Thursday, March 17, 2011

the 300 club

Newcomers at the South Pole anxiously await the midwinter below -100 degrees Fahrenheit temperatures so that they can join the infamous 300 Club. The first time that the temperature drops below -100 degrees (and stays there), the newbies sit in a sauna until the temperature reaches 200 degrees Fahrenheit. Once they can no longer stand the heat, they run outside to the geographic South Pole marker-completely naked, except for shoes and perhaps a scarf to protect their lungs from the severe cold-to experience a shocking 300-degree temperature change. Most do not make it all the way to the Pole marker and return to the sauna before they get frostbite or the cold damages their lungs.

The temperatures do not get quite as cold at McMurdo, so those winteroverers cannot join the 300 Club; instead, they join the 200 Club when temperatures dip below -40 degrees.

A winter-overer joins the 300 Club by running around the geographic South Pole naked in -100 degrees after sitting in a sauna at 200 degrees. He will receive the patch in the corner for this accomplishment.

Polar Plunge

Each season, the folks at McMurdo and New Zealand's Scott Base (about a mile and a half away from McMurdo) come together to participate in the Polar Plunge. After cutting a hole through the sea ice, participants jump into the 28-degree-Fahrenheit water in the nude (except for shoes so that they can run to a warm shed immediately after emerging from the water without getting frostbite, and a harness around their waists in case they go into cardiac arrest; there are medical personnel standing by). Although the water temperature is about thirty degrees warmer than the air temperature, it feels shockingly colder-plus Antarctic air hitting one's wet body exiting the water is not so fun either.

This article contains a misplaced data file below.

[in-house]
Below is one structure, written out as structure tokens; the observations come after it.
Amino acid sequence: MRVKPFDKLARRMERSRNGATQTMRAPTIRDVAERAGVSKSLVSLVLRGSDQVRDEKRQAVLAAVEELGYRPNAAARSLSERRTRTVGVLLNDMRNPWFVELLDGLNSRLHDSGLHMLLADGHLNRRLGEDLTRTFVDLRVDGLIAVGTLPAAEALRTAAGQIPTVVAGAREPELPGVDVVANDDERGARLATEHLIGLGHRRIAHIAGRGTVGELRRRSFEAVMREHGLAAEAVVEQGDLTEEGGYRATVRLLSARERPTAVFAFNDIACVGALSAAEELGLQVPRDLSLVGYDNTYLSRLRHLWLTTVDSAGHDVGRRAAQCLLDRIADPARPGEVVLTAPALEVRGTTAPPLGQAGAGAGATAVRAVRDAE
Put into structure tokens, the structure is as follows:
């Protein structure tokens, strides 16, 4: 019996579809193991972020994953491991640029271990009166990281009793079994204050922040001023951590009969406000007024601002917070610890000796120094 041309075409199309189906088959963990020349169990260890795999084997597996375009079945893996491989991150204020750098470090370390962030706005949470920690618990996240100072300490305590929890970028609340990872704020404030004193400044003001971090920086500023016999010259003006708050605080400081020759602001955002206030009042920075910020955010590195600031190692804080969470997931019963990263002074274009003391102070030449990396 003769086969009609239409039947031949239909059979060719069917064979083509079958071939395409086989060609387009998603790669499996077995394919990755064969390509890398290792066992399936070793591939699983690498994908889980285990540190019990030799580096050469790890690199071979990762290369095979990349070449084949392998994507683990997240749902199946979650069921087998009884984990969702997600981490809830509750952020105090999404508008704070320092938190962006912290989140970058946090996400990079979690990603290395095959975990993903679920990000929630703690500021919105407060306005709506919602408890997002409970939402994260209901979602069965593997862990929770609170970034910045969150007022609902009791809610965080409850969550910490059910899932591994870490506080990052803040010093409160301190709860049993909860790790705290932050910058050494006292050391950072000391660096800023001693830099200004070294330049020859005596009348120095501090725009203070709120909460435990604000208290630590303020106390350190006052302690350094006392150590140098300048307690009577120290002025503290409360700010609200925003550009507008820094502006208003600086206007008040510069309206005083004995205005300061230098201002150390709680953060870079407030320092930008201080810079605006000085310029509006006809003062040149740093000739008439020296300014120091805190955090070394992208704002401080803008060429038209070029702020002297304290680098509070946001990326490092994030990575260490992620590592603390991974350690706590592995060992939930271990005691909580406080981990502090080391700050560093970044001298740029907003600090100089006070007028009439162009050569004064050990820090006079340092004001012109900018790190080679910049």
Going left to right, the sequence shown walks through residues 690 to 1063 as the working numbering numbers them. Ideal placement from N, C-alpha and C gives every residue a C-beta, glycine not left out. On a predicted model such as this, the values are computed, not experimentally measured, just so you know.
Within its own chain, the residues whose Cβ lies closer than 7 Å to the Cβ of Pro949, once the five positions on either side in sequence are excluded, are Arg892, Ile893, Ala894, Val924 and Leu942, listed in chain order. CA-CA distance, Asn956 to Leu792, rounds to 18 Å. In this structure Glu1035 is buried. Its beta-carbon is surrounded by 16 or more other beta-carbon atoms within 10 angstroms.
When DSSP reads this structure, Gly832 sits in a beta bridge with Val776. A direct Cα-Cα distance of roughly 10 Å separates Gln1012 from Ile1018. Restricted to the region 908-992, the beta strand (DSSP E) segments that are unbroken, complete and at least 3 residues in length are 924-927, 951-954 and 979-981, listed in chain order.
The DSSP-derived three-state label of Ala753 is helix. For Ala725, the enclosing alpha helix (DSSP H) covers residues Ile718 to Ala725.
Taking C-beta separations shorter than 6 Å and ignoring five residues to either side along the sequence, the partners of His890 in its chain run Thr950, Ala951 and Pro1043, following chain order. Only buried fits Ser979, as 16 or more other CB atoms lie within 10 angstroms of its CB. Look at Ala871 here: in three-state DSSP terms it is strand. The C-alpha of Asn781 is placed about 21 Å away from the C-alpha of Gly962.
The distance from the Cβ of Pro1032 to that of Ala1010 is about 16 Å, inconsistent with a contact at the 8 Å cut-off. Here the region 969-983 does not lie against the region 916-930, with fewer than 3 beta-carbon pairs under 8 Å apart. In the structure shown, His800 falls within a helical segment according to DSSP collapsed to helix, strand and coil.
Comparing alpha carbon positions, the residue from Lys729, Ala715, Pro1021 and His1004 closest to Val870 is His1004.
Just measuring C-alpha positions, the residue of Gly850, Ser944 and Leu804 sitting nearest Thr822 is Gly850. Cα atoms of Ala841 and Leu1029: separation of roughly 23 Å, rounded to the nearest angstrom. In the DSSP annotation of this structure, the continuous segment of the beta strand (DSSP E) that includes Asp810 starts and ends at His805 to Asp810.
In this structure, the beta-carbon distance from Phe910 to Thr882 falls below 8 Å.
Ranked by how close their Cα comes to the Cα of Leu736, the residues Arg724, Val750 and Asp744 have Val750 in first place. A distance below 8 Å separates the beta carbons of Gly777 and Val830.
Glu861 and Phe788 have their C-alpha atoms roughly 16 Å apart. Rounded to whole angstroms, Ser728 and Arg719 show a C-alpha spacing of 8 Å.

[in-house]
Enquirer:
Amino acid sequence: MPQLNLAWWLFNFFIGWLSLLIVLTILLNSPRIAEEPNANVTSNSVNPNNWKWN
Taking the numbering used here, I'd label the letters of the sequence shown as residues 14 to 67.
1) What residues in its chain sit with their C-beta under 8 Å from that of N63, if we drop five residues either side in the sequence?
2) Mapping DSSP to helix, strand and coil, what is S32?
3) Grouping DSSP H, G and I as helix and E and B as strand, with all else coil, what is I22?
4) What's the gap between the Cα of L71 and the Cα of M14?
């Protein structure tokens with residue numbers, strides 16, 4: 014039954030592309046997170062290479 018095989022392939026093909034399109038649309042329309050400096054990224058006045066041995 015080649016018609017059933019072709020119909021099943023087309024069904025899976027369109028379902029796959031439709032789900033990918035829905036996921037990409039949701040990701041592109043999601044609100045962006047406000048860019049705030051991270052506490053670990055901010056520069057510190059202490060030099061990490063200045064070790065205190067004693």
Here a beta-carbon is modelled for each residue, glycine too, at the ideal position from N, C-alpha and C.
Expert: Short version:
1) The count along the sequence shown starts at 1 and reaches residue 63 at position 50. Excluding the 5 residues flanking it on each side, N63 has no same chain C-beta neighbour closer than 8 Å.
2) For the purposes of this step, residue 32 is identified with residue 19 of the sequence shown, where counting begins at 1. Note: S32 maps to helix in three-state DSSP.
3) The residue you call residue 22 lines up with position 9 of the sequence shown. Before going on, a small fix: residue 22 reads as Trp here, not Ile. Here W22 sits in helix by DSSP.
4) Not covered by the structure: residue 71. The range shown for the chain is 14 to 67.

Plunging into the cold polar waters

Race Around the World

Every Christmas, people working at the Amundsen-Scott South Pole Station race around the geographic South Pole, crossing every line of longitude and in essence circling the entire world. Of course this could be completed in a matter of seconds, so they build a 3-km course around the Pole. People complete the race by running, walking, skiing, or even snowmobiling.

Racing around the world


Beginning in the austral summer of 1989-1990 and usually on New Year's Day, Icestock is a musical festival in which anyone living in McMurdo can take part in, regardless of talent. Anybody who wants to sing, play instruments, dance, or tell stand-up comedy can perform during the six-hour event. Everyone else sets up chairs and coolers with food and drink to watch, listen, and perhaps even dance in the freezing weather (in January the temperatures are around 30 degrees Fahrenheit). It is accompanied by a chili cook-off.


Penguin Bowl

On Thanksgiving, two teams play football on a field of snow on the Ross Ice Shelf.

Scott's Hut Race

On a Sunday in early January, people run on dirt roads from McMurdo Station uphill to Scott's Hut, run two laps around the hut, and return to the base (for a total distance of 8 km). Some take it seriously and train to win, but others just walk.

Scott's Hut Race

No comments:

Post a Comment